Thursday April 28th, 2016

The exercise:

Write about: the maze.

Max was supposed to get dropped off at daycare by Kat's dad this morning while I was at work. I got home to discover that he was still with Papa, only on the farm somewhere. I think he might need a little break from daycare at this rate, and with my parents coming to visit next week now is probably as good a time as any.

Bakery work was its usual busy but good. Ended up working until 1:30 so that I could help finish up the dishes before leaving the woman doing the closing shift all by herself. Back at it tomorrow morning at 8.

Edit: Max woke up just after midnight wanting something to eat. Got him back to bed and... promptly fell asleep with him for almost six hours. Probably the best sleep I've had since Miles was born.


Brick by brick
And stone by stone,
They've built a maze
And I travel it alone.

Now and then
I wonder Have I been here before?
Oh, most certainly -
Only fifty times or more.

At each corner
The same old faces,
Yet, somehow, there are
Still no familiar places.

Is it just me,
Or do we all feel the same?
In this vast, rambling city
I wander and wonder Who's to blame?


Greg said...

So did Max not get taken to daycare, or was dropping him off so traumatic that he came home again instead? It sounds like he had a good day though, and I guess if Papa doesn't mind once in a while it all works :)
Hah, what did Kat think of you sneaking off to sleep in Max's room and not be woken by Miles?
I like the premise of your poem today, and I also like how you reveal the idea of a city as a maze almost as gradually as the city was built. The third verse is particularly poignant and has a definite resonance. Especially here in Malta, where I'm told people often give directions by refering to where people live, and then telling your their life story as well!

The maze
The urchins came running up as I stepped out of the car and the security men got into it. We carefully said nothing to each other about it; we all knew they'd been searching the farm and I could see from their expressions and body language that they hadn't been certain I'd be returned here. The urchins were silent but they acted like I thought children would when their father returned, and no-one seemed surprised. That the security men left so quietly and promptly meant they'd found nothing odd and I felt relief wash over me.
I set the urchins to cooking, and I walked past the charred grass where Cecily's pyre had been, and into the vineyard. For a moment I paused and oriented myself. I had reprogrammed the spiders to move the vines, and they had done a good job. The vineyard was a maze.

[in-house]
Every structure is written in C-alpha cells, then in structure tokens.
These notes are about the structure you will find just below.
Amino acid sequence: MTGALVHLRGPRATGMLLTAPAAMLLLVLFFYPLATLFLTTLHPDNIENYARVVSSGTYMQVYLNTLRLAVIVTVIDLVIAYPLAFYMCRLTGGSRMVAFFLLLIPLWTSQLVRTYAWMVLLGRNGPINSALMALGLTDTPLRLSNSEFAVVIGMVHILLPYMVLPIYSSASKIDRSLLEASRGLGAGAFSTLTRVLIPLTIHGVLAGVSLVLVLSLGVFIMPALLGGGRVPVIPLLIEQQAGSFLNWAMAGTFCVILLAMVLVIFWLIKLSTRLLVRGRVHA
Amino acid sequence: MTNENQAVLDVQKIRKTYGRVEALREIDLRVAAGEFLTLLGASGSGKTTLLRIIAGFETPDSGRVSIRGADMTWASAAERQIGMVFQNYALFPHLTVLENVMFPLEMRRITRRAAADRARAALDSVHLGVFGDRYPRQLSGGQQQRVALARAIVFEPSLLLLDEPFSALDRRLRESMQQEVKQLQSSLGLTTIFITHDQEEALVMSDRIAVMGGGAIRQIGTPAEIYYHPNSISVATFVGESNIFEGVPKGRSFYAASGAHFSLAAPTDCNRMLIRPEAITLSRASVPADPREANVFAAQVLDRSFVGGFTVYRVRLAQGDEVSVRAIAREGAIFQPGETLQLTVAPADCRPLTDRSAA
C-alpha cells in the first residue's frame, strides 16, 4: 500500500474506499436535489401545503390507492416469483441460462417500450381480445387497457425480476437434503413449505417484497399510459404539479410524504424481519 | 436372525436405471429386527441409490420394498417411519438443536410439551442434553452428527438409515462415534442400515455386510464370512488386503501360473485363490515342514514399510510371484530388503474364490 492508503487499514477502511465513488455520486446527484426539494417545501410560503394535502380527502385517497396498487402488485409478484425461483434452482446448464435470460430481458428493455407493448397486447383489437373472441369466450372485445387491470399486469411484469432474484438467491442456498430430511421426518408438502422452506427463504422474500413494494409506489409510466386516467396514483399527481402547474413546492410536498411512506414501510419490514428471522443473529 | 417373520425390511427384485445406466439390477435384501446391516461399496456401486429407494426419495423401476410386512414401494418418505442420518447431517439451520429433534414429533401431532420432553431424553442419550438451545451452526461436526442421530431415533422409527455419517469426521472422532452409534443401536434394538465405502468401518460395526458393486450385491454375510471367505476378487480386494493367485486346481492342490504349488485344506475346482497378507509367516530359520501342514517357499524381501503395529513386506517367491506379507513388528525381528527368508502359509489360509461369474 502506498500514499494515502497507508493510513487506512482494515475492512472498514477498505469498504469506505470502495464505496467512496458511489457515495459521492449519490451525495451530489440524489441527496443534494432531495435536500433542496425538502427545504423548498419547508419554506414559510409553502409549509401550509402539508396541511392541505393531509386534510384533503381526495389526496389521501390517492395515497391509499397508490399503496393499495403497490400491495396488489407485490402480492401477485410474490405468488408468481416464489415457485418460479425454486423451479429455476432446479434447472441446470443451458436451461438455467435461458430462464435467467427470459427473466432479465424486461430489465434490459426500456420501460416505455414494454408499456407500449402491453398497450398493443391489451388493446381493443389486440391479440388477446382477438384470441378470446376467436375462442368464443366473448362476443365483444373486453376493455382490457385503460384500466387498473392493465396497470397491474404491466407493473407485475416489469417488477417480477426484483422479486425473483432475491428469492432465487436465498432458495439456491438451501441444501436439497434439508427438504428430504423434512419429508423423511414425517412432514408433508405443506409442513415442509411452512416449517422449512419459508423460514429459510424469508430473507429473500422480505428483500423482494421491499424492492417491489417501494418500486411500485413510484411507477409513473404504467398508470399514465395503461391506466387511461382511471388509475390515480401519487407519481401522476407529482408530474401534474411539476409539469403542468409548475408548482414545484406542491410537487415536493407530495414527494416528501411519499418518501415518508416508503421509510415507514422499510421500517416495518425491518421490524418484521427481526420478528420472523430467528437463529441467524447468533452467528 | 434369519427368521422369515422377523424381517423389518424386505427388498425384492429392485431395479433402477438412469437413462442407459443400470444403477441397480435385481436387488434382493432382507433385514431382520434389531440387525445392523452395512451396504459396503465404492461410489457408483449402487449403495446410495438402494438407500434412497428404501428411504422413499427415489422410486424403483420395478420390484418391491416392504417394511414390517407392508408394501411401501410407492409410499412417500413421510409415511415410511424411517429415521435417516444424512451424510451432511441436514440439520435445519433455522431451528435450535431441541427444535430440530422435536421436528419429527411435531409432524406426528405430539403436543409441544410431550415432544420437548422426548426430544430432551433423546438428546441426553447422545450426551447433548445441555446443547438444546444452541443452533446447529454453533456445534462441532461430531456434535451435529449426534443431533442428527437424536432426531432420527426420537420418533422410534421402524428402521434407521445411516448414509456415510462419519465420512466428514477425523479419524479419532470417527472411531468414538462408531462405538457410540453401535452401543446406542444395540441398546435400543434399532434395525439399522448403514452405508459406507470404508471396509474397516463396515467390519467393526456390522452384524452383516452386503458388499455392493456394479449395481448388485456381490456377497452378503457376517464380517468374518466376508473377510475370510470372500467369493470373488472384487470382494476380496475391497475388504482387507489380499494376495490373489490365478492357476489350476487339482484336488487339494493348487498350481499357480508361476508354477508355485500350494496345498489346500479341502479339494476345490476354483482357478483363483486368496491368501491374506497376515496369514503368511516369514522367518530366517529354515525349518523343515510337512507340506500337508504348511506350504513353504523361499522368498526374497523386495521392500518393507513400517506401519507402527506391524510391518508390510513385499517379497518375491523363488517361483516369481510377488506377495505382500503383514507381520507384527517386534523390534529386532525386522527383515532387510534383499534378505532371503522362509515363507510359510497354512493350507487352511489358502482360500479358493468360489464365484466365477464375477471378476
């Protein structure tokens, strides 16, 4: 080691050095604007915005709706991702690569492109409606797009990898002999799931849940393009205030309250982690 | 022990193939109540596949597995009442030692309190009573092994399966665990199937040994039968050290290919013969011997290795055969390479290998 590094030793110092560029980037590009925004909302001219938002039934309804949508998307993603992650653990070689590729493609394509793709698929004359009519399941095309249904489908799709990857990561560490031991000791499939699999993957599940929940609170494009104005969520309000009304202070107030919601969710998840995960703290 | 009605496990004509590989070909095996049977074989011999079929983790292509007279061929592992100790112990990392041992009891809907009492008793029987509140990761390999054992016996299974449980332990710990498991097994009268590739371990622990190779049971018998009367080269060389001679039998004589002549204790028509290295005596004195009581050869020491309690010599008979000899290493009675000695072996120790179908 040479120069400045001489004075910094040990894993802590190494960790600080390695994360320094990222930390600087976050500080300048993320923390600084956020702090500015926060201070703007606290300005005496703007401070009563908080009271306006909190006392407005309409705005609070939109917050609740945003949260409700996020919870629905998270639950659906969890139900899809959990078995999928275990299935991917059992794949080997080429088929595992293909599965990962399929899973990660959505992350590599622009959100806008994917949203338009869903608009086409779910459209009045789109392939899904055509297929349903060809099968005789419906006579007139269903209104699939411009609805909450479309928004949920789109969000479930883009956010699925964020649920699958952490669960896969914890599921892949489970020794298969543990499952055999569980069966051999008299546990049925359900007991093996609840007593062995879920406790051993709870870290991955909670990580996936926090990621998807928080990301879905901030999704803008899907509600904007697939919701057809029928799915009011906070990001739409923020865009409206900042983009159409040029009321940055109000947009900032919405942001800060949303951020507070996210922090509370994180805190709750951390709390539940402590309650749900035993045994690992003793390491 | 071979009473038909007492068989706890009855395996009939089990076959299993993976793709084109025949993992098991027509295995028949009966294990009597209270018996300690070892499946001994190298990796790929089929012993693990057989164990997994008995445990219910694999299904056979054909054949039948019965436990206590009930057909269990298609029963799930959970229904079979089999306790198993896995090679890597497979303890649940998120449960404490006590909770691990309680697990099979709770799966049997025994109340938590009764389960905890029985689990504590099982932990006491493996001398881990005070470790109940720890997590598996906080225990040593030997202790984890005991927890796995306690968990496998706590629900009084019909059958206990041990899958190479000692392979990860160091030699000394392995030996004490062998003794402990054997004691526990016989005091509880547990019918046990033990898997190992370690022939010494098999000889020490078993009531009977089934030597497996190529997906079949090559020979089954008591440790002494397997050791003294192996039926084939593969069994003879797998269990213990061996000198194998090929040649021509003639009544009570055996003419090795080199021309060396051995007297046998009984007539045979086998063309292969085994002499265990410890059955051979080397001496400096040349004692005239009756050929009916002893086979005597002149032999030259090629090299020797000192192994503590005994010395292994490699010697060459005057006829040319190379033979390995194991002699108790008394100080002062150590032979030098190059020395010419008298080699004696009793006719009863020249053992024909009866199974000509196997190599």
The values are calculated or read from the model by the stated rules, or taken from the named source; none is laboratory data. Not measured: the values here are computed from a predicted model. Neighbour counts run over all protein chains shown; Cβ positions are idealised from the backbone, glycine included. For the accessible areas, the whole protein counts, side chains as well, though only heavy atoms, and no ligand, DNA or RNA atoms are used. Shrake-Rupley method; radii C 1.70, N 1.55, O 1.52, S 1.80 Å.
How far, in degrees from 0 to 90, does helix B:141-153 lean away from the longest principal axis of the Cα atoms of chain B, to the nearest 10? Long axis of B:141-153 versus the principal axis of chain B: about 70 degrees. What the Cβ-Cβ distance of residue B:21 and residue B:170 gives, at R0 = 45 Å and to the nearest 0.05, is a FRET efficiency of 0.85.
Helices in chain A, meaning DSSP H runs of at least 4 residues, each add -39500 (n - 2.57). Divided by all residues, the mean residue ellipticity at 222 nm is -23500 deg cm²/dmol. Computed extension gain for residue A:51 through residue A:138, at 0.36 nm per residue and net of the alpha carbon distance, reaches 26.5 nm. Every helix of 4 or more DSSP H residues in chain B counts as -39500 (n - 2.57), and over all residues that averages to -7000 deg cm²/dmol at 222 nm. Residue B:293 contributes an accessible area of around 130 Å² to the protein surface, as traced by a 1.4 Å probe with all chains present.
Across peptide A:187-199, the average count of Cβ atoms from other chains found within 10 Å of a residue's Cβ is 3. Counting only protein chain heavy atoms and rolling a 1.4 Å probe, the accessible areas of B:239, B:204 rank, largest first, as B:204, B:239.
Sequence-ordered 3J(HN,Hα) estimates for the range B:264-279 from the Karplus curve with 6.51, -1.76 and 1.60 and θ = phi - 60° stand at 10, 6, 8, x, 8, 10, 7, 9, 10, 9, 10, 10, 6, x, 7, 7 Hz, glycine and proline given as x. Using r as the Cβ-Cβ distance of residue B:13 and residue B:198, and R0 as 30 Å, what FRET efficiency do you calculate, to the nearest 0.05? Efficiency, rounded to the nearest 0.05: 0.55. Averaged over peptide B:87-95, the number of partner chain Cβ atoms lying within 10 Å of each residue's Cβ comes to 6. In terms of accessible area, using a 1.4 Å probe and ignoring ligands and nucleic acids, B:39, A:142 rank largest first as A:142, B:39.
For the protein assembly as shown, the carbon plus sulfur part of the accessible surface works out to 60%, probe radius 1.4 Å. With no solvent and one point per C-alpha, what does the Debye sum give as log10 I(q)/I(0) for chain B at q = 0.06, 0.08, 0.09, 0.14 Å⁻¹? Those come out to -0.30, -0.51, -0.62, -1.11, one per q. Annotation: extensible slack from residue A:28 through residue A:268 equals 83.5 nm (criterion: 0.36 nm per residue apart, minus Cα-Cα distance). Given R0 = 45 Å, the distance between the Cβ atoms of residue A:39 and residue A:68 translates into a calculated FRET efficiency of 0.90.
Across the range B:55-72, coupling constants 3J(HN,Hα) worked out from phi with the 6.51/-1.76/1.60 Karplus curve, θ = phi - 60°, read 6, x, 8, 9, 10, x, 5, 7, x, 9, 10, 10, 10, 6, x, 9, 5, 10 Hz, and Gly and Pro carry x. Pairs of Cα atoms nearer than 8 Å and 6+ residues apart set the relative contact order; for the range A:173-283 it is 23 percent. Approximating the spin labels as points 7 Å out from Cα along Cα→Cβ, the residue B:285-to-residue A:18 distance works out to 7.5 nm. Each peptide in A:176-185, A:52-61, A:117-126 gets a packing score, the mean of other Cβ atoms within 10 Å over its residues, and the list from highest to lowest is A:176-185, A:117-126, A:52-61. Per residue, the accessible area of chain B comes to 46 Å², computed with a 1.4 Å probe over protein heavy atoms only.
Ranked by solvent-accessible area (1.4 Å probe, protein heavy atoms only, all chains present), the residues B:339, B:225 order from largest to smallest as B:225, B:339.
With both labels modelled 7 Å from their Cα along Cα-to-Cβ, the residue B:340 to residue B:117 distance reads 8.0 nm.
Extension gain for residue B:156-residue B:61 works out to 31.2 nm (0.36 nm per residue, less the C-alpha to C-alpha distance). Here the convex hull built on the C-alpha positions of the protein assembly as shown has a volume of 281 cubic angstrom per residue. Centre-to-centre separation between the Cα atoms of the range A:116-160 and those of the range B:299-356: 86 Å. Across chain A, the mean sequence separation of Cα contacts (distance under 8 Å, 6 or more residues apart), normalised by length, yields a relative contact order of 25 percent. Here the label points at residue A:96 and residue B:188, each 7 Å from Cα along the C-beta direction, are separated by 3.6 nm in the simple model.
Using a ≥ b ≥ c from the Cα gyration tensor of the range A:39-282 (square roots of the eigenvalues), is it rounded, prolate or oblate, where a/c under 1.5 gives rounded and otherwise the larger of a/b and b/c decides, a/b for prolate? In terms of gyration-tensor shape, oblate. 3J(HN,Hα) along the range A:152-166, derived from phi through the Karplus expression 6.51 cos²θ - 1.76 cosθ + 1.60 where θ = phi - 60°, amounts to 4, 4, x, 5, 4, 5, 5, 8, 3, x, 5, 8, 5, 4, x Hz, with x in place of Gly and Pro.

Insects hummed softly as I walked between plants. Here and there leaves brushed my shoulders, and bunches of not-yet-ripened grapes, as green as the leaves of the vines, dangled at eye-level. At one point I reached a dead-end and gently teased vines aside to let me squeeze through a narrow gap, and at another I had to press myself into the vines, watching annoyed bees dance around me in a warning pattern as a spider wheezed and gasped its mechanical way past me. At the end though, but not the centre of the maze, I reached a toolshed. The lock had been broken, and I could see that the security men had found it too.
I walked around it, and six feet further on I knelt and ran my fingers over the turf. It was unlifted; the underground rooms had been unfound. Then and only then did I sigh softly, stand up, and stroll back.
In the kitchen I sighed again and realised that I needed to teach the urchins how to cook.

Marc said...

Greg - his Papa stayed with him for story time at the library and then I think they came home after that. Not a big scene, Max just told him he wanted to go home now. Papa doesn't fight that sort of thing like I would, apparently.

I've actually been sleeping in Max's room since Miles was born. The hope was to prevent him from disturbing the two of them in the middle of the night and... it's mostly worked.

Another fascinating (and well crafted!) entry in this saga. So many great details, and I'm impressed with the way you managed to work with the prompt so naturally.

Well, as naturally as anything in this strange world of yours...